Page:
Several studies have shown that the need to create safe and orderly schools has increasingly been addressed in a manner that disconnects these priorities from broader concerns related to student success, school culture, and child development. In this paper, we explore the consequences of expanding security procedures in response to an incident involving interracial conflict at an urban high school in the United States. We offer this case study to demonstrate how the primacy placed on safety and security resulted in the neglect of other important educational goals, such as academic engagement and a positive school culture. Through an analysis of observational, interview, focus group, and survey data, we show that while it is essential for schools to take measures that ensure the safety of students and staff, it is equally important for safety to be recognized as part of a larger set of goals that schools must concurrently pursue in order to meet the educational and developmental needs of the students they serve.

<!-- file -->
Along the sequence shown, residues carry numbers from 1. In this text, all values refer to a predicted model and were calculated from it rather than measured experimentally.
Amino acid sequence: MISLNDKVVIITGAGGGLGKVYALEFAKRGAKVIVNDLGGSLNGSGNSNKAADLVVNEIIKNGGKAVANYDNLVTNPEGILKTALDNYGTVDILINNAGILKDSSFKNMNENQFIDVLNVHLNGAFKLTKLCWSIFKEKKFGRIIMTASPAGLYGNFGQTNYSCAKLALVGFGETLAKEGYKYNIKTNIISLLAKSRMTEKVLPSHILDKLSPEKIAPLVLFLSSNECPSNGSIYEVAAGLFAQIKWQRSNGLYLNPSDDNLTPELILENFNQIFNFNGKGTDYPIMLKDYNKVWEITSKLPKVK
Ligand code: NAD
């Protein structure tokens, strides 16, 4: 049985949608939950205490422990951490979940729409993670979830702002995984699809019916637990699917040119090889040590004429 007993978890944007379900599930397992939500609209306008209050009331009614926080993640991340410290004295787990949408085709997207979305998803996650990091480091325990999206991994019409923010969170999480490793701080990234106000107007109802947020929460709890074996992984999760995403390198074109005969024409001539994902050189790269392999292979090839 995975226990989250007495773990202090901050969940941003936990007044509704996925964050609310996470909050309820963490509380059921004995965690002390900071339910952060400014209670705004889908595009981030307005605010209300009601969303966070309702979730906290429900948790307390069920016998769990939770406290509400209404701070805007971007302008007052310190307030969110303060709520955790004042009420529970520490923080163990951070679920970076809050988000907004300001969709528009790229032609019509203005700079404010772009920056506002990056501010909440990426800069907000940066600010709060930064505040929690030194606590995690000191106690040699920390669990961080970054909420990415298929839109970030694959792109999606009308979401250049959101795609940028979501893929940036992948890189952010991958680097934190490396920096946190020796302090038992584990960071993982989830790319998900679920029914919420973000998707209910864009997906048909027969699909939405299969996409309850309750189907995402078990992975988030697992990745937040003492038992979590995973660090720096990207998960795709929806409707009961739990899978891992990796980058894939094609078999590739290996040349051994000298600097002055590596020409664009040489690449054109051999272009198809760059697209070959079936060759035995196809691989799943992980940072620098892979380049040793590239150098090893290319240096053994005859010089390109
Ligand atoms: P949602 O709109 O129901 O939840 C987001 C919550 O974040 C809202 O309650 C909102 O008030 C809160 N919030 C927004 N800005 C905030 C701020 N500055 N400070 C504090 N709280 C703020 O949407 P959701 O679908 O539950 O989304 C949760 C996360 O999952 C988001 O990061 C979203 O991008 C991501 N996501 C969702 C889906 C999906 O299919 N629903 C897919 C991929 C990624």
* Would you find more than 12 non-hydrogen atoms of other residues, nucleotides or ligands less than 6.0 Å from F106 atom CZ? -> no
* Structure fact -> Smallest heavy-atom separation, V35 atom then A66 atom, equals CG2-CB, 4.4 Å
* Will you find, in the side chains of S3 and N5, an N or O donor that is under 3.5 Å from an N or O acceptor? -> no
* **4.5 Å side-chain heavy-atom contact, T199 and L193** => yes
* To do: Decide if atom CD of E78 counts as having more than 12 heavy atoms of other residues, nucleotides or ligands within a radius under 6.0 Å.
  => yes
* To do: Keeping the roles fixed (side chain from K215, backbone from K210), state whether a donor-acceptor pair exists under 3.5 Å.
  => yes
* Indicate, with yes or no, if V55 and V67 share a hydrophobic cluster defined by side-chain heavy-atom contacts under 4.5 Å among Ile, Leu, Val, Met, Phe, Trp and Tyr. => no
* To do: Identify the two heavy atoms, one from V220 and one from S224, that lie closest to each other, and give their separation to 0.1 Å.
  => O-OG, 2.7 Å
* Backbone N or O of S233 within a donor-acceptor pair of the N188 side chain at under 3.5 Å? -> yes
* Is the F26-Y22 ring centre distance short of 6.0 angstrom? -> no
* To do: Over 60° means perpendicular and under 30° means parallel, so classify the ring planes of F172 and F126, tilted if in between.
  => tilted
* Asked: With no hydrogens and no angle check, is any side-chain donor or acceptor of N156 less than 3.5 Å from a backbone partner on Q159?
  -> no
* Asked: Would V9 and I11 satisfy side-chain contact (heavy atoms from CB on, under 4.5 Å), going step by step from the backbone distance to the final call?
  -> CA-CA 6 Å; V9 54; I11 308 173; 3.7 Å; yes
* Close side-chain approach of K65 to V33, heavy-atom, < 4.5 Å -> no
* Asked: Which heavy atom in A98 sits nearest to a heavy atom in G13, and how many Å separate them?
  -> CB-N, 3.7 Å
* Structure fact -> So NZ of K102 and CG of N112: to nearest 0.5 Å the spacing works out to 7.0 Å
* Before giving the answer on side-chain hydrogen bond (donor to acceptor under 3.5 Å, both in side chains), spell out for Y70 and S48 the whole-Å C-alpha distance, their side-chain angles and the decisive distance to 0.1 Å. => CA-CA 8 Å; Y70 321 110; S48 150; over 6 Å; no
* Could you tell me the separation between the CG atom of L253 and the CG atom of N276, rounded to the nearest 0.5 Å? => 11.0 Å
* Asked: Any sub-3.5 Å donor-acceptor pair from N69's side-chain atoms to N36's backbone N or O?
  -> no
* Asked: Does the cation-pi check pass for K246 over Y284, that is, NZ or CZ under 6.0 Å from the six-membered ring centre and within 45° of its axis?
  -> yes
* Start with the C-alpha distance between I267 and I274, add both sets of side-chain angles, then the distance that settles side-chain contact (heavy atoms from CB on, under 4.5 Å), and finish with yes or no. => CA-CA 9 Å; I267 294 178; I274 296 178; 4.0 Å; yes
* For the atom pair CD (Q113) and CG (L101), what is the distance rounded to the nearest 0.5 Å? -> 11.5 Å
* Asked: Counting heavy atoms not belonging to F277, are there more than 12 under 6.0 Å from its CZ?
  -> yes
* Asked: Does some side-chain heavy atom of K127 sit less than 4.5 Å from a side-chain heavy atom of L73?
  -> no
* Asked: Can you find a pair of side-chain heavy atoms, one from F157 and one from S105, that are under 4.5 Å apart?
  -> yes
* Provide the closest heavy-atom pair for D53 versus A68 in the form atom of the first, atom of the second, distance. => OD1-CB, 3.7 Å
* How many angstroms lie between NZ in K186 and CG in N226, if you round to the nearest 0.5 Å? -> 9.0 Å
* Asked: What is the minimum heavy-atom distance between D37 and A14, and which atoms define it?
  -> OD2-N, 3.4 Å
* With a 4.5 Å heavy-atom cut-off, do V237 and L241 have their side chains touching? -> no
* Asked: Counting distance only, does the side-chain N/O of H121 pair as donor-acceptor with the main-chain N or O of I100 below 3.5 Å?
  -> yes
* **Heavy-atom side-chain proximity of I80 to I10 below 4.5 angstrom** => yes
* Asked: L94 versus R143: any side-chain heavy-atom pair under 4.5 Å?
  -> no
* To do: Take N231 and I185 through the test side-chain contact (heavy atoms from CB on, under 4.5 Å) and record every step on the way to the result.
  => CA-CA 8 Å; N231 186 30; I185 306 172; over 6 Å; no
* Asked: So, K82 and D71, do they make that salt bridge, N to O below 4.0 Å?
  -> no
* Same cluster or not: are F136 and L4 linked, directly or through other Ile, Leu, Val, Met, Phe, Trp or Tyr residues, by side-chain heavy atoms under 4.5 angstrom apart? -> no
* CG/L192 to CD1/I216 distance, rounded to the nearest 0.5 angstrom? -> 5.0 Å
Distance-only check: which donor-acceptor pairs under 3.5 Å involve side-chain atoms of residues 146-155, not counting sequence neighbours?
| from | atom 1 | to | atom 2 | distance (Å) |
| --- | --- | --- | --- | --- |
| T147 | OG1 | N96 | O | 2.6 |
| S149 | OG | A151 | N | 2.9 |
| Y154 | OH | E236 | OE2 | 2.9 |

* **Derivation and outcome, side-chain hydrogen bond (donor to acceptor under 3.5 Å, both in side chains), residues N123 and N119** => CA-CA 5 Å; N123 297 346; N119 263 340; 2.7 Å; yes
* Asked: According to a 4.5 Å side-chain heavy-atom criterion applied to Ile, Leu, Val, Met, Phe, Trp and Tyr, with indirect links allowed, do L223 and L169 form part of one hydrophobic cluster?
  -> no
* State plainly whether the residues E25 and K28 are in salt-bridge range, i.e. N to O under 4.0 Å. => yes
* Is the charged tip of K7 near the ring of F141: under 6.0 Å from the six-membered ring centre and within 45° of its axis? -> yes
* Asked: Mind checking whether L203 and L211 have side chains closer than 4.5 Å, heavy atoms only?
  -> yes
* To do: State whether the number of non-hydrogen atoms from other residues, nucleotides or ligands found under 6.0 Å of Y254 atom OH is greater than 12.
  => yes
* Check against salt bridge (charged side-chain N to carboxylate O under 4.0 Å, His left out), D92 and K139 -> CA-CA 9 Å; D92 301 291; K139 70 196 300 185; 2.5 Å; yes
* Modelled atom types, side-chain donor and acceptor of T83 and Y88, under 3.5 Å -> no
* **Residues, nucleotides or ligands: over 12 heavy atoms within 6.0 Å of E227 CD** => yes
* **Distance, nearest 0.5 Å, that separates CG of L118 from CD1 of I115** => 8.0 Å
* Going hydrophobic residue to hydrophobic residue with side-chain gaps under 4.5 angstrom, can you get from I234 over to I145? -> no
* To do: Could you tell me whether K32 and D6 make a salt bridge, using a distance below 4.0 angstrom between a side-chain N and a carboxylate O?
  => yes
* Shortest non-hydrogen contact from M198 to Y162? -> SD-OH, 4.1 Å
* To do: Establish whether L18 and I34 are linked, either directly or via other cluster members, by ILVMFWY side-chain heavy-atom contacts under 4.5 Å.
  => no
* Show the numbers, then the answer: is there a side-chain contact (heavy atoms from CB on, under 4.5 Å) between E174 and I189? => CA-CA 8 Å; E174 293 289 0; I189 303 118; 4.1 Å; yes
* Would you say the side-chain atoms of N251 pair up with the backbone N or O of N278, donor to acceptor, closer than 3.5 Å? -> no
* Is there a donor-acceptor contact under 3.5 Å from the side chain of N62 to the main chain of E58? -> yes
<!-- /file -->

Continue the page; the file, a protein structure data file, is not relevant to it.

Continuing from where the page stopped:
Author Biography

Rachel Garver is a doctoral student in Teaching and Learning at New York University. Pedro Noguera is the Peter L. Agnew Professor of Education at New York University and the Executive Director of the Metropolitan Center for Urban Education. Dr. Noguera is an urban sociologist whose scholarship and research focuses on the ways in which schools are influenced by social and economic conditions in the urban environment.